Interestingly, the specs between last year’s Core i7-12700K are like this year’s Core i5-13600K, although the core ratio is slightly different, with the i7 getting eight P-cores and four E-cores (vs. 6 and 8, respectively, for the new i5). But the 13th Gen i5 has a higher clock rate with that impressive 5.1Ghz peak turbo compared to the 5.0GHz of the i7.
Intel Core i5-13600K: Performance
We relied on last year’s MSI MPG Z690 Carbon WiFi board for this review. While there are new Z790 boards now available, they do not confer any speed advantages for the 13th Gen series of processors. The Z790 is more forward-looking as it adds one extra USB 3.2 (Gen 2x2) connection, up to 20 PCIe 4.0 lanes (compared to 12 with Intel’s 600-series chipset), fewer PCIe 3.0 lanes (up to 8 compared to 16), and the same 16 lanes of PCIe 5.0.
Cooling was handled with the Corsair H150i Elite Capellix AIO with three 360mm fans placed in the Corsair iCUE 4000X RGB Mid-Tower ATX PC case. For RAM, we relied on the new Corsair Dominator Platinum RGB DDR5, which was clocked to 6600MHz via Intel XMP. The GPU is a NVIDIA GeForce RTX 3080.
As to actual results, we put the Core i5 through a battery of benchmark tests, and in nearly all cases we can reach the same conclusion: The new Core i5-13600K is a beast of a processor that almost always knocks out last year’s Core i7-12700K by a significant margin (e.g., Corona 1.3, CPU-Z, Geekbench 5, and Cinebench 23).
On 3Dmark’s CPU Profile, which includes six tests that feature custom simulations, the i5-13600K scored 10,370. All six tests use the same workload with variations in threading.
Turning to UL’s newest benchmark, Procyon, we benched productivity software consisting of Microsoft Office (Microsoft 365 apps). We reached an overall score of 7,995. Breaking it down, on Word, it hit 8,451, Excel 9,036, PowerPoint 8,135, and a score of 5,745 for Outlook.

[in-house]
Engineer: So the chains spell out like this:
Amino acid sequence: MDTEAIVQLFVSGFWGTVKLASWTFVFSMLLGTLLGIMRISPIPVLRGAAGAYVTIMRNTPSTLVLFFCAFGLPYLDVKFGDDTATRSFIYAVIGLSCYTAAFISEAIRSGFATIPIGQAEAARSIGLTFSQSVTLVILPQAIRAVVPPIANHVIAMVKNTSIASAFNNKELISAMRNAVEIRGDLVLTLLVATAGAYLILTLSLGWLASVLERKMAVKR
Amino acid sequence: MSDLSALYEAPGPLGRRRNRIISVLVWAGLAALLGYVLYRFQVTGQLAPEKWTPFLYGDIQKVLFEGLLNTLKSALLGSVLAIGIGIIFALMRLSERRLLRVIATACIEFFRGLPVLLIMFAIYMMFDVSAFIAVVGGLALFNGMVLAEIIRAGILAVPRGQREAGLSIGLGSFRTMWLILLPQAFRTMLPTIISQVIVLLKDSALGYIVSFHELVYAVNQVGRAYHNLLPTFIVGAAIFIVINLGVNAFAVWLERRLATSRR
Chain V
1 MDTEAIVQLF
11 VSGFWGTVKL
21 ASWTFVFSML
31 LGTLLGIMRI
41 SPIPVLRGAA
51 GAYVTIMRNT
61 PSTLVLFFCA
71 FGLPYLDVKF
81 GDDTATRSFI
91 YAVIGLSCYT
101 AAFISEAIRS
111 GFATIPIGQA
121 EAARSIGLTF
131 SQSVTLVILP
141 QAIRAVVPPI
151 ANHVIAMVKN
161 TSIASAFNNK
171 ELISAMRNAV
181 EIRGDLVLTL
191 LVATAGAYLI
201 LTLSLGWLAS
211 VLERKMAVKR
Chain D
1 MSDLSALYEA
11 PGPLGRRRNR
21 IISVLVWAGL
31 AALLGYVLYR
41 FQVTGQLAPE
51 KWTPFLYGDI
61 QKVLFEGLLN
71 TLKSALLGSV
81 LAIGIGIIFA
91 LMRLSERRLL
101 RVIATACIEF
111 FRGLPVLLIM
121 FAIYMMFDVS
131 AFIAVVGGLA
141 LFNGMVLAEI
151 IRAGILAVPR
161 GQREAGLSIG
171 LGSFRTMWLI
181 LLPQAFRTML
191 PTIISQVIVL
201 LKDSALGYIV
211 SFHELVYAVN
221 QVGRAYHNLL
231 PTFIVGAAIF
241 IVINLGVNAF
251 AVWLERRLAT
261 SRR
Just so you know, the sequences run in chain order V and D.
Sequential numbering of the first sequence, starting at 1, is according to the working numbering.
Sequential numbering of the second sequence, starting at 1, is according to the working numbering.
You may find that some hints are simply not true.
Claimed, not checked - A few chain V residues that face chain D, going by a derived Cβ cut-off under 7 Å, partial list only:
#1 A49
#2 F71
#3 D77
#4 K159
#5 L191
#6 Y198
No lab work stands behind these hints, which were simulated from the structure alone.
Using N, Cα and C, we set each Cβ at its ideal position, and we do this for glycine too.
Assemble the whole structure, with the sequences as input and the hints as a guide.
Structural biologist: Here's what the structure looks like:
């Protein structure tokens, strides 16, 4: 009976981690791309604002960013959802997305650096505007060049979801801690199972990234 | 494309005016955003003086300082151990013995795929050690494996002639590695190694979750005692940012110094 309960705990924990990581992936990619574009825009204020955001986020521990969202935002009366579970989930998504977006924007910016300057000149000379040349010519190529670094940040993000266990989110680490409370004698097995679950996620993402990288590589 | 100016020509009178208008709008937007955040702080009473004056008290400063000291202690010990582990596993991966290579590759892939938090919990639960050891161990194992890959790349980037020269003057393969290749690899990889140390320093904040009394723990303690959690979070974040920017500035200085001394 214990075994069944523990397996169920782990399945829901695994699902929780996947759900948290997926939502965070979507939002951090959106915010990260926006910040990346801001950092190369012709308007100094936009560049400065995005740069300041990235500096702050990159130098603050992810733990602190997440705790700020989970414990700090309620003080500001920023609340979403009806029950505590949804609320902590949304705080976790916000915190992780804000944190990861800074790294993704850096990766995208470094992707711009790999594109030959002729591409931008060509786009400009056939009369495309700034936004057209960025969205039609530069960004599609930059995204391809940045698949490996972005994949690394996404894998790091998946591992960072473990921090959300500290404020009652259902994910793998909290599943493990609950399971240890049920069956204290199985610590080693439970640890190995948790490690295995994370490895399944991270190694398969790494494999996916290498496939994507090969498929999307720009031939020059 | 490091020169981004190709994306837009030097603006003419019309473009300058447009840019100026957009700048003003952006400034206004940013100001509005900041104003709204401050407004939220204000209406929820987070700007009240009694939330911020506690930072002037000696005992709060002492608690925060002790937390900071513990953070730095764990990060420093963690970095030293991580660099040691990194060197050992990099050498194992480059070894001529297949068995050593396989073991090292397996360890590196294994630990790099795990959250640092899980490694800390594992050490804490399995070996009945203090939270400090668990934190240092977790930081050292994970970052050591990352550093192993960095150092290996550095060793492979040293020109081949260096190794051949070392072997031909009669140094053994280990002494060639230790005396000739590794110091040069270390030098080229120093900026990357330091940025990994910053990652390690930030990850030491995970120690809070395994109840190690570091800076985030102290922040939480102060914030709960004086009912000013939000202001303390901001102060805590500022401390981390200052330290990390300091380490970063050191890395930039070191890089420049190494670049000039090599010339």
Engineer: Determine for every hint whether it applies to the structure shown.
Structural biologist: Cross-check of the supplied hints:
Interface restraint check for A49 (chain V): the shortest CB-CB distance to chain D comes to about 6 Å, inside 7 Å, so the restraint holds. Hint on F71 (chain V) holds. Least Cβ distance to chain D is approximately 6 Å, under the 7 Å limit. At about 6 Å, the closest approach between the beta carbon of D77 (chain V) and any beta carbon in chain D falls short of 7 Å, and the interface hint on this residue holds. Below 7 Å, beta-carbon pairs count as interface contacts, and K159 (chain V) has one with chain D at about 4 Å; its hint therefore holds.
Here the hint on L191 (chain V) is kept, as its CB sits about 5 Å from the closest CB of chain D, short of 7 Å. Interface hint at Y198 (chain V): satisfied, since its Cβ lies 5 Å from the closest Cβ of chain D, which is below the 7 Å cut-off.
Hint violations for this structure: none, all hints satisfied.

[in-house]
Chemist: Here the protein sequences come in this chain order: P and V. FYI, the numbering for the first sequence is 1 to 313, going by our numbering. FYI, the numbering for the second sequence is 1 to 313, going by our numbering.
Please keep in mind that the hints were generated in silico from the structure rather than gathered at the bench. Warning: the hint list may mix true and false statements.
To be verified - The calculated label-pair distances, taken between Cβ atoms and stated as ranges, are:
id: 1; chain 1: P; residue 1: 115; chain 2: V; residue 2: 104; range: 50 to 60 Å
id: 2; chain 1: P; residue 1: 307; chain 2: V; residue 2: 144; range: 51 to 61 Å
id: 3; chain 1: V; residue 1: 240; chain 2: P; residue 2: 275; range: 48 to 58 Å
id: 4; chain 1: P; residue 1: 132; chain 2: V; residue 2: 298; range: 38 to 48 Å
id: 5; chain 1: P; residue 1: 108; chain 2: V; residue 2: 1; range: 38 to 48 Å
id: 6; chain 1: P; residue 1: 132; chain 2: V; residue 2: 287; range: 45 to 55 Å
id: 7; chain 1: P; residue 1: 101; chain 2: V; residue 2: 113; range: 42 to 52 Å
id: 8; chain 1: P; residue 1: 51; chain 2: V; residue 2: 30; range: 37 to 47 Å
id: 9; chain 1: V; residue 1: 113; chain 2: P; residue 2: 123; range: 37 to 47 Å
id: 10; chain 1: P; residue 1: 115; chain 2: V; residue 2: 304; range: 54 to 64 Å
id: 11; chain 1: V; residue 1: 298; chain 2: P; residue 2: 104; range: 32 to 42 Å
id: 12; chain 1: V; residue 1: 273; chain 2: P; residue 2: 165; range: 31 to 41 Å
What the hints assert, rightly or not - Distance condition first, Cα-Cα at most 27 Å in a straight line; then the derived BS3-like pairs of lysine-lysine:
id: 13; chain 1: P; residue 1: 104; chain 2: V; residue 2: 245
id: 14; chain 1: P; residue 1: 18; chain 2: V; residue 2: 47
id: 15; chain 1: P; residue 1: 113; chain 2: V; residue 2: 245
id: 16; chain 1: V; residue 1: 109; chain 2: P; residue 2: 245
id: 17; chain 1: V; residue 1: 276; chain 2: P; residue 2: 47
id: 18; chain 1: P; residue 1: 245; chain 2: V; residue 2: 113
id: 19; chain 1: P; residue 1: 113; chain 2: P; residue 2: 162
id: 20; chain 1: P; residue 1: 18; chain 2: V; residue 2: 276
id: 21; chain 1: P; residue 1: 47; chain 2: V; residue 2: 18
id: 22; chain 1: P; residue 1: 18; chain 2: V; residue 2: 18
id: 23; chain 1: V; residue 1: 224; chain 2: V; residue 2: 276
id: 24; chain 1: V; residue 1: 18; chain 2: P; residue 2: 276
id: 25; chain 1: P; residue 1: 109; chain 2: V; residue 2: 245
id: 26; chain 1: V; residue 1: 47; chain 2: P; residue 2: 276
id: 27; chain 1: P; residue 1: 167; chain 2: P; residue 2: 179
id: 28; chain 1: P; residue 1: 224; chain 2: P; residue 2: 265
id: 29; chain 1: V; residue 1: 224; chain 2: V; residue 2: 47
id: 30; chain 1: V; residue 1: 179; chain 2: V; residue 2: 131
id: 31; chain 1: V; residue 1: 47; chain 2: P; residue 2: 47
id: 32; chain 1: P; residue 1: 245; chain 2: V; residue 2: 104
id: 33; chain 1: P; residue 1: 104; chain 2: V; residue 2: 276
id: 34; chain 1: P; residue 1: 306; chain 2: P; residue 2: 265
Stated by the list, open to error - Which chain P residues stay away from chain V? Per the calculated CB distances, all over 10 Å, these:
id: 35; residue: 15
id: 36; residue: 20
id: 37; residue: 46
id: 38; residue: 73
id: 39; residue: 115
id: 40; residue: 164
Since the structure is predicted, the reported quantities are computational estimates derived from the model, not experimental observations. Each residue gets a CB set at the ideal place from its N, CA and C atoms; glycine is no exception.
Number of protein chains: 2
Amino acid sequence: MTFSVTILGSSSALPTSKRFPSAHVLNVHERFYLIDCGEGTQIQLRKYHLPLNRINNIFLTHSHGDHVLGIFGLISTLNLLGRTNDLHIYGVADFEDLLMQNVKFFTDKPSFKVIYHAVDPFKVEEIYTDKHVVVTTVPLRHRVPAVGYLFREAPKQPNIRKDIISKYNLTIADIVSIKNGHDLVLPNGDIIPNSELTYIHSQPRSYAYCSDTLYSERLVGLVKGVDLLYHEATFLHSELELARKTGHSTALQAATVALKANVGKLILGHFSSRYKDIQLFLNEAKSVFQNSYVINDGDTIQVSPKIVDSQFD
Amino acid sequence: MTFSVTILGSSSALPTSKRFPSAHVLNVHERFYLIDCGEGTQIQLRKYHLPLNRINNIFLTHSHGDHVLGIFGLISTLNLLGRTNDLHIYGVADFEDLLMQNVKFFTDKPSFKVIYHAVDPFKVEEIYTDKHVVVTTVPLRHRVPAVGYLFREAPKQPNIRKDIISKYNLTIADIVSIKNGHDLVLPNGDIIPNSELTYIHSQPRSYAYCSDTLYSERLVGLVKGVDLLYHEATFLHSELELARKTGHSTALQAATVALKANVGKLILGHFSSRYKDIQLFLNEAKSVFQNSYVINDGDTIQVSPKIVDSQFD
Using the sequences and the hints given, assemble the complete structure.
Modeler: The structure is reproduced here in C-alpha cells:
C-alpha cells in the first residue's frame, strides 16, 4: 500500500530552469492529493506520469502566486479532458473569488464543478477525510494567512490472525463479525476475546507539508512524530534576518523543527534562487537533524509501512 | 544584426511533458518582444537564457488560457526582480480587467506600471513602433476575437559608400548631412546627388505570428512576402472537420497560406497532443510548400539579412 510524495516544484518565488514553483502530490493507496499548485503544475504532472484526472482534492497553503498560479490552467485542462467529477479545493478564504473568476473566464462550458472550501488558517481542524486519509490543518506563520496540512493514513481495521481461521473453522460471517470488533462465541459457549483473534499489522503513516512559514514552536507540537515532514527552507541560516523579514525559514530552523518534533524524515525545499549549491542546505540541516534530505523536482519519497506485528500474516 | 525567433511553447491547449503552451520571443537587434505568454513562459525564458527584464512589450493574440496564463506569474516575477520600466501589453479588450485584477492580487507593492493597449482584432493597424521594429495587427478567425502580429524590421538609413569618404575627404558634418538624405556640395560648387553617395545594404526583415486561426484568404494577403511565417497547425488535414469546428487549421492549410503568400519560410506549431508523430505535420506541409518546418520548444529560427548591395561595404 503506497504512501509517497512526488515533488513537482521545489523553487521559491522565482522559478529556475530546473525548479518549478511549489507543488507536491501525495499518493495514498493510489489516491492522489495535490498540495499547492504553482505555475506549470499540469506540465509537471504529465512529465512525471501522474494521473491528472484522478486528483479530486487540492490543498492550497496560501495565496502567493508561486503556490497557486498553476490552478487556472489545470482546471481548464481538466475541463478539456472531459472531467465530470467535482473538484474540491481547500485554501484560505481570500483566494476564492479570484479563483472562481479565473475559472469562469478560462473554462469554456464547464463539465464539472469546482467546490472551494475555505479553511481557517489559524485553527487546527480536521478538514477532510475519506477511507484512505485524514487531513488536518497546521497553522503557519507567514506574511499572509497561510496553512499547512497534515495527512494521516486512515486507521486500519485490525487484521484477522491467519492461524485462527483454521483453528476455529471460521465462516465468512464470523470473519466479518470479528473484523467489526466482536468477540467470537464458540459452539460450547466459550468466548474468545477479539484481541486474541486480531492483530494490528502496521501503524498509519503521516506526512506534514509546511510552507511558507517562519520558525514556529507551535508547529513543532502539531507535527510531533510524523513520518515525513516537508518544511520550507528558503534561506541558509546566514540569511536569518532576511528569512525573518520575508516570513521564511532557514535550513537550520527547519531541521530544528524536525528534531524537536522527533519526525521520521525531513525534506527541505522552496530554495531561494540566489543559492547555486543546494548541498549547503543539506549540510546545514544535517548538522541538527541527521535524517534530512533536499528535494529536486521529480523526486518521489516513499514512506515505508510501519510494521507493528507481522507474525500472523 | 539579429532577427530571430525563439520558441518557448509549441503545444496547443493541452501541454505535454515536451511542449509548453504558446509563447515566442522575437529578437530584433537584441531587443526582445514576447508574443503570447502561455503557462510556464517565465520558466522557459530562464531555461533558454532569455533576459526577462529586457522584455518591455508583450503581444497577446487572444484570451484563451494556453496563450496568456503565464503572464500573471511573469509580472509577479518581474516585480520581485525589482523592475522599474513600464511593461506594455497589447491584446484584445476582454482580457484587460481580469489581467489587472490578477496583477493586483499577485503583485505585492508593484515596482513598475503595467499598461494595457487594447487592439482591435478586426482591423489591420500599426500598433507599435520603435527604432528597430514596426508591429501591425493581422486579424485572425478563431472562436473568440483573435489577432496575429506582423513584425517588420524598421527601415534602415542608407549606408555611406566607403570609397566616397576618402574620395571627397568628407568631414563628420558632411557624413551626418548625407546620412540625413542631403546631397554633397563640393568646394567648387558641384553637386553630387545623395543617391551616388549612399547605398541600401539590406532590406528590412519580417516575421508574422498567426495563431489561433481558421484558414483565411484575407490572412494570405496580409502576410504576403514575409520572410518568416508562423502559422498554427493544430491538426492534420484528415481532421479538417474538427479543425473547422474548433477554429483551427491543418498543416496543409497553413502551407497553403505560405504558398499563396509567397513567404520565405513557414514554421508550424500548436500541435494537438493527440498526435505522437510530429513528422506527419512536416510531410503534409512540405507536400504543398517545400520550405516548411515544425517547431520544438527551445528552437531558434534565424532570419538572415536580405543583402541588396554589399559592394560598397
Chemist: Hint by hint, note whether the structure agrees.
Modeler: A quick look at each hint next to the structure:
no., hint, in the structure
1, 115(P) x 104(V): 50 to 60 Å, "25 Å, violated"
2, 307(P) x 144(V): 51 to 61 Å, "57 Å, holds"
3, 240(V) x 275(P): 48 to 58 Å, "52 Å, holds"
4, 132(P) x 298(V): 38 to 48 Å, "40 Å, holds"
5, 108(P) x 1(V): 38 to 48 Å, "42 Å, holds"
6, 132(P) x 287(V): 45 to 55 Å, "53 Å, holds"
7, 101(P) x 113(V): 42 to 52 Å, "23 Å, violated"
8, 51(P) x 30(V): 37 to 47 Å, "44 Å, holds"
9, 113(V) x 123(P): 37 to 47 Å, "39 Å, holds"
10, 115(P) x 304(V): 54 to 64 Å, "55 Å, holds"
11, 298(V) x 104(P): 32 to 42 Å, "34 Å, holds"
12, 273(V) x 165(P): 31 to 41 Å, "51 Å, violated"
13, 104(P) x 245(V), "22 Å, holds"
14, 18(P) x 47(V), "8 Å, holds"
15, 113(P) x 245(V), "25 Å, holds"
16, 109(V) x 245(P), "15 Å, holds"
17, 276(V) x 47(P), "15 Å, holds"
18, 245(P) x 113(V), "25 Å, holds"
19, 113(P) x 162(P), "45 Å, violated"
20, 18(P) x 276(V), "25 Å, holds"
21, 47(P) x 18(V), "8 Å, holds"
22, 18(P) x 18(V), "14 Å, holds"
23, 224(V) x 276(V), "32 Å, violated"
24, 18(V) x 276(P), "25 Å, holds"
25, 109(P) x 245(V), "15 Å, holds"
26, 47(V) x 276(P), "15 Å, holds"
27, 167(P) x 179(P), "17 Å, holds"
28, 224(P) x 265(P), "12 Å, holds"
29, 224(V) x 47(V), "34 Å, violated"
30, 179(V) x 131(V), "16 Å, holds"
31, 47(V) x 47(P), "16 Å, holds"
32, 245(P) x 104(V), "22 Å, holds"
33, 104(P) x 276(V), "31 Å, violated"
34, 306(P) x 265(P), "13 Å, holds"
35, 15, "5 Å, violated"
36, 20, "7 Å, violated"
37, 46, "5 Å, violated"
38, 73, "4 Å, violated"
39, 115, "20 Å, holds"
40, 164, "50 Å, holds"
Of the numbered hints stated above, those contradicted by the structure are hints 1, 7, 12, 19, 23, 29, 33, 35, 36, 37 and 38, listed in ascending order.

Compared to Intel’s ultra-powerful “laptop” processor, the Core i9-12900HX, the i5-13600K can hold its own in Corona but pulls ahead in Cinebench, Geekbench, and 7-Zip, and loses in CPU-Z. The i9-12900HX is a “mobile desktop” processor and is currently the most powerful you can get in any laptop.
The same can be said when we compare the i5-13600K to AMD’s latest Ryzen 7 7700X, where Intel’s chip significantly beats AMD. The one exception in our testing was 7-Zip, where AMD just edged out the i5.
Indeed, compared to its Intel counterparts, the 7-Zip compression benchmark nearly always benefits AMD processors.
But on a HandBrake 4K encode, Geekbench, Cinebench, CPU-Z, Corona, and Blender, all the results favor Intel’s newest Core i5 over AMD despite the Ryzen 7 7700X peaking at 5.4GHz (Intel is “just” 5.1GHz), having more L3 cache, and being on a 5nm manufacturing node. But AMD uses less power at just 105 watts instead of the i5’s peak of 181 watts, so there’s that.
Even compared to the beefy Ryzen 9 5950X, which at the time we called “overkill,” the new i5 goes head-to-head with AMD on Geekbench (single-core favors Intel, multi-core AMD) and loses on CPU-Z, Corona, 7-ZIP, and Cinebench (again, single-core favors Intel, multi-core AMD). Not bad.
Intel Core i5-13600K: Competition
The biggest competition for the Intel Core i5-13600K is the new AMD Ryzen 7 7700X or last year’s Intel 12th Gen i7-12700K or 12700F.
Turning to Intel’s lineup, the Core i5-13600K beats the 12th Gen i7 across the board and uses the same peak wattage of 180 watts. However, you can pick up the i7-12700K for around $309 now compared to the new i5 for $319. Are the $10 savings worth it? It doesn’t seem so, but the i7 pricing will likely only drop further, making that margin a bit wider.